John 2:13-19 (NKJV)
Now the Passover of the Jews was at hand, and Jesus went up to Jerusalem. And He found in the temple those who sold oxen and sheep and doves, and the money changers doing business. When He had made a whip of cords, He drove them all out of the temple, with the sheep and the oxen, and poured out the changers’ money and overturned the tables.
And He said to those who sold doves, “Take these things away! Do not make My Father’s house a house of merchandise!”
Then His disciples remembered that it was written, “Zeal for Your house has eaten Me up.”
So the Jews answered and said to Him, “What sign do You show to us, since You do these things?”
Jesus answered and said to them, “Destroy this temple, and in three days I will raise it up.”
I hate cleaning my house. I really do. After all, I’m not the one who made it a mess!
(Or am I?)
Well, maybe I made a little of the mess. My five young children, however, are the main culprits and I place most of the blame on them. (Because that’s what responsible father’s do! LOL)
There are toys everywhere, dishes left on the counters and tables, scraps of homework and art and books scattered around the floor, etc. It’s just part of having a young family with kids. When it comes down to it, the Specht family is a normal family with a house that gets dirty from time to time.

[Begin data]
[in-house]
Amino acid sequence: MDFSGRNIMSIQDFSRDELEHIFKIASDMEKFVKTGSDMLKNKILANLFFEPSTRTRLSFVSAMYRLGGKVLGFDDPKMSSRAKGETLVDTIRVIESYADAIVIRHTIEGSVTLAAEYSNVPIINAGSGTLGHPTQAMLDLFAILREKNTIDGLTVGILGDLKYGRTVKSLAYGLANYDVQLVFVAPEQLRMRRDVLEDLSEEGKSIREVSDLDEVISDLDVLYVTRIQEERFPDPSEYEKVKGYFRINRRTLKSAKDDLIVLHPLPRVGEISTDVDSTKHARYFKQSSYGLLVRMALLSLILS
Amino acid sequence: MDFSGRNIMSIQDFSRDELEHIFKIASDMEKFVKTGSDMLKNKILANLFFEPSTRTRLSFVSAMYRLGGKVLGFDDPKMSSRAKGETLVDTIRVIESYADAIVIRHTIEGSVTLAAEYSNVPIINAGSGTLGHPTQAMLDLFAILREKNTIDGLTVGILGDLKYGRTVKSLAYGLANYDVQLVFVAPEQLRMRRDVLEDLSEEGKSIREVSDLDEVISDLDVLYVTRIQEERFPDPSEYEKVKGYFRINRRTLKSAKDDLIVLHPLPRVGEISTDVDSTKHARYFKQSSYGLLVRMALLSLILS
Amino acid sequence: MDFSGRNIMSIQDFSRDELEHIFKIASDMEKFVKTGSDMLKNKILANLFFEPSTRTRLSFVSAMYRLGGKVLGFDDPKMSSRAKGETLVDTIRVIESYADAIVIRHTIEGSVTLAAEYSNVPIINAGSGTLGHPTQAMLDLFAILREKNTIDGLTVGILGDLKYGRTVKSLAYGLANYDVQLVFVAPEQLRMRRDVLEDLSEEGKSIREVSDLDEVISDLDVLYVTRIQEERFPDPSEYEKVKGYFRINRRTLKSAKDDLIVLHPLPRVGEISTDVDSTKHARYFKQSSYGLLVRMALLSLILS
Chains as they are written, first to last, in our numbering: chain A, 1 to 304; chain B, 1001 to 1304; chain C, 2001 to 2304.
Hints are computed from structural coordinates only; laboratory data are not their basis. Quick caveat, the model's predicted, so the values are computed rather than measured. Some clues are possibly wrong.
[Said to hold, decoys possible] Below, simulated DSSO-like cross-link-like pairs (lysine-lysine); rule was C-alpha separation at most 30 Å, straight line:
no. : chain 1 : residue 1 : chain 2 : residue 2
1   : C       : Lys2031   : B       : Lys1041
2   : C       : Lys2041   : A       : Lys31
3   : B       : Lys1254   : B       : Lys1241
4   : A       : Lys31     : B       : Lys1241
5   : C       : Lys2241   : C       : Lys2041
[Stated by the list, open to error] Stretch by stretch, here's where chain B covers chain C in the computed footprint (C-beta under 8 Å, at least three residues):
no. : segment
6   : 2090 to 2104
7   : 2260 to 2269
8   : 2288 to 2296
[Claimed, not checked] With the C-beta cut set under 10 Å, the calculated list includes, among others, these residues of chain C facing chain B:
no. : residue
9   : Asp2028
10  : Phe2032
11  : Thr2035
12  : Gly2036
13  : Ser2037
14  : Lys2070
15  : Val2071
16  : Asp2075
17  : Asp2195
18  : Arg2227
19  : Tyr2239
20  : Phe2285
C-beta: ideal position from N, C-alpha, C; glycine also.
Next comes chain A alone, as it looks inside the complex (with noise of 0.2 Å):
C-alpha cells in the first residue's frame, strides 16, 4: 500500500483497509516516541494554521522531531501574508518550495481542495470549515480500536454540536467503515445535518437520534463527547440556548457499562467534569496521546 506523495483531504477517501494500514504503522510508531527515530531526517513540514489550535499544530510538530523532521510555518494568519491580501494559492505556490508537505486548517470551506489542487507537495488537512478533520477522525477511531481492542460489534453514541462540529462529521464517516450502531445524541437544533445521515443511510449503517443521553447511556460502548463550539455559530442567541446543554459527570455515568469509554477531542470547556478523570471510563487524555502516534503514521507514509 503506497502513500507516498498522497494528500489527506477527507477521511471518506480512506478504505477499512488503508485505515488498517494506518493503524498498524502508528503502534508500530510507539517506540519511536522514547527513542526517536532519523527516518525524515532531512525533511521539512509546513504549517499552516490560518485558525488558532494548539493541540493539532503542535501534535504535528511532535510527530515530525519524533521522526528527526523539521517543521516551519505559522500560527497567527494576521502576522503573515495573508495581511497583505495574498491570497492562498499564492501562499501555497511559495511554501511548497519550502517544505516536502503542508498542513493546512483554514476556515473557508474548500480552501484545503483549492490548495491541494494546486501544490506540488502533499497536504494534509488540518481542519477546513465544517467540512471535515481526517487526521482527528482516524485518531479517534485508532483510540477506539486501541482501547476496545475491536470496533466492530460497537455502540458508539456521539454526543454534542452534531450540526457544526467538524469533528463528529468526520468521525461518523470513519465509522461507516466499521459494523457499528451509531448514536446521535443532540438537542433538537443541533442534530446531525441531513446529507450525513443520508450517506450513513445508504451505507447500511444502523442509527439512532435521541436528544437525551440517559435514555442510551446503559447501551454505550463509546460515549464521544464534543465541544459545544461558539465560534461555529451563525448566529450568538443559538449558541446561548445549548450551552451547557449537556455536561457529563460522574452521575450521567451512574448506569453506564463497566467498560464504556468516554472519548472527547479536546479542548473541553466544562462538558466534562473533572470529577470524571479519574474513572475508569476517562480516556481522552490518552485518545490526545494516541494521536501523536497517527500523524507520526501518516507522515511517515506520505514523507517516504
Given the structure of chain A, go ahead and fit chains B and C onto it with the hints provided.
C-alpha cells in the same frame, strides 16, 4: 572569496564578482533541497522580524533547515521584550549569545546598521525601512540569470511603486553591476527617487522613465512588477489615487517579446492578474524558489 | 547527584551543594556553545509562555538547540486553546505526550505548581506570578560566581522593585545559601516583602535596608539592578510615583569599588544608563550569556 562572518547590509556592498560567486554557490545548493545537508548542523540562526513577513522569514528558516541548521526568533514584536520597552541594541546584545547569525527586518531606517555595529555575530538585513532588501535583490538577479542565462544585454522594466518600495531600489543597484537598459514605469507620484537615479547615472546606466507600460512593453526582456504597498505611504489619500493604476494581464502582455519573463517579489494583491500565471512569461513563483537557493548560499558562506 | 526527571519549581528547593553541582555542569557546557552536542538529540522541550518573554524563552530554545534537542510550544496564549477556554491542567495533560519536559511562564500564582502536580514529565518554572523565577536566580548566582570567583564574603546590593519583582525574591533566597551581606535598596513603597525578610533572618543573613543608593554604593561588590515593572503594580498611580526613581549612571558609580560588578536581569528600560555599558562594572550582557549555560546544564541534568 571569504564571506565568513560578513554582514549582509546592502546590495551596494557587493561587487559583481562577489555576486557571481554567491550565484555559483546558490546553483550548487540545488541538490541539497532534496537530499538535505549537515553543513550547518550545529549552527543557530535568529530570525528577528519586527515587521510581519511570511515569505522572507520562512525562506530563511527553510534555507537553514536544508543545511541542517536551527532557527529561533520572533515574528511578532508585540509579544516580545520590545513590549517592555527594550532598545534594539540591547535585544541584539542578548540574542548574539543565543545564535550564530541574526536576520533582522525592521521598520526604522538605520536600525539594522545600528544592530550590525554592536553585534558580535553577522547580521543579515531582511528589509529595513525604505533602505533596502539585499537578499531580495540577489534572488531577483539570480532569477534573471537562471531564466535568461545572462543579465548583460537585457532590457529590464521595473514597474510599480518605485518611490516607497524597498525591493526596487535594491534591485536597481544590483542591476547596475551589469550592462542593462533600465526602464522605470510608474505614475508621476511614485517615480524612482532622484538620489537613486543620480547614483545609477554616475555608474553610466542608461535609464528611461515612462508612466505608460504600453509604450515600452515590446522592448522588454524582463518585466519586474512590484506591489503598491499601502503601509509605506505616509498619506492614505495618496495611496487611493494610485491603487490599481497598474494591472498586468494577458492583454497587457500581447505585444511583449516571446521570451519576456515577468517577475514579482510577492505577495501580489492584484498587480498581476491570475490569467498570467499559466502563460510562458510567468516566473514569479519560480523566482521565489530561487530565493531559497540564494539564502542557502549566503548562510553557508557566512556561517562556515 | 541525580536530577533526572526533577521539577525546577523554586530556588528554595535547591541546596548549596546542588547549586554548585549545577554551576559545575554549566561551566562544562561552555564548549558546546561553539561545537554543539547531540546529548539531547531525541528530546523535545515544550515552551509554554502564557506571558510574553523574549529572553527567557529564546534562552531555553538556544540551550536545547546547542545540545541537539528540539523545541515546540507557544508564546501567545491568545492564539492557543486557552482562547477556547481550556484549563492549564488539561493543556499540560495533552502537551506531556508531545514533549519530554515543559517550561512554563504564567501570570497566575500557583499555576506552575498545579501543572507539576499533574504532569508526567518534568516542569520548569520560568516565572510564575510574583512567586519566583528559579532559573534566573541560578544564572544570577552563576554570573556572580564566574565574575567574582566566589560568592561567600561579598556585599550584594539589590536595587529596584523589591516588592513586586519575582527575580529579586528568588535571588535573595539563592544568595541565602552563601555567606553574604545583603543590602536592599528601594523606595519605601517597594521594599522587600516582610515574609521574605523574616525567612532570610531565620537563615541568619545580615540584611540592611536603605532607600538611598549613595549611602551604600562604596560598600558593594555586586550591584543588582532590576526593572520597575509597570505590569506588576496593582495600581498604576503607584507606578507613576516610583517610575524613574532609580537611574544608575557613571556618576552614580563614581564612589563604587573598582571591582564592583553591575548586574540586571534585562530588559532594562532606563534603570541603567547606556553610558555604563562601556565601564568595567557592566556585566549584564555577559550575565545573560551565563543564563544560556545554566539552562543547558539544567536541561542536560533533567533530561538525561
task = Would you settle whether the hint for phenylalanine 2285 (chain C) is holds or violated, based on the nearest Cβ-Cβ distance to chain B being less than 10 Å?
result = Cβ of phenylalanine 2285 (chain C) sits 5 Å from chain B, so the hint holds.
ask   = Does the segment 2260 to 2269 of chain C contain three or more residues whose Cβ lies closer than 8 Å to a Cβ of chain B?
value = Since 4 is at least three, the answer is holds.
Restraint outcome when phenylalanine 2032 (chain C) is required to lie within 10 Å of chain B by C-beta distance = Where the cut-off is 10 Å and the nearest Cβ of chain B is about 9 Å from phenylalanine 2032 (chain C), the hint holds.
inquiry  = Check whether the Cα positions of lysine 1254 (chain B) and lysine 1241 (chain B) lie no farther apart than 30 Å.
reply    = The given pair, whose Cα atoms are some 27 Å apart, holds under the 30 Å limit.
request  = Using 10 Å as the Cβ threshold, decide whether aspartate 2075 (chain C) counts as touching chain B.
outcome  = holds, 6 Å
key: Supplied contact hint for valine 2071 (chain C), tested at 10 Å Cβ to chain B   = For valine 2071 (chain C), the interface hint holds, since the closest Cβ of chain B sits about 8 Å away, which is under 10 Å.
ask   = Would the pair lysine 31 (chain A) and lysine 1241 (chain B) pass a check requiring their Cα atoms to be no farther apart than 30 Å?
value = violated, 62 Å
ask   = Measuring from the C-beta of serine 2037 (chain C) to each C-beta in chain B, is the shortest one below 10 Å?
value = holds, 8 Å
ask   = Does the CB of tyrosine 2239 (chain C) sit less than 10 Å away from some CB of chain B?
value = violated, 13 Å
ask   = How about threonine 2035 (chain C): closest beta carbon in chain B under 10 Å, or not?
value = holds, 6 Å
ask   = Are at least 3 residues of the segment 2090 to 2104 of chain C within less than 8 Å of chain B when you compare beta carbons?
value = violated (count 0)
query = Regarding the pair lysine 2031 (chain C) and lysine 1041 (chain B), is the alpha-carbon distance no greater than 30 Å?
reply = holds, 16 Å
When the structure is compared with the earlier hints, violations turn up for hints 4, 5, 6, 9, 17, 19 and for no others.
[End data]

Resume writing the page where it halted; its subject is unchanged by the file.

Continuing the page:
It’s just part of life.
Saturday is usually the day we spend an hour or two cleaning and tidying up. There is basic cleaning maintenance that takes place throughout the week, but Saturday morning tends to be the BIG cleaning day at our house.
Saturday is the day we get out the sanitizer, the cleaning products, the vacuum, and the dust mittens. We work, we clean, we tidy, we straighten, and then we relax.
I hate the cleaning part, but I do love relaxing on the sofa in a clean room.
Strategic Leadership: When Jesus Cleans House
On two different occasions Jesus cleaned house. He cleaned his Father’s house. He cleaned up God’s house. He cleansed the Temple. It made everyone either nervous or anxious or angry or relieved. That’s the kind of outcome which occurs when Jesus puts strategic leadership into place!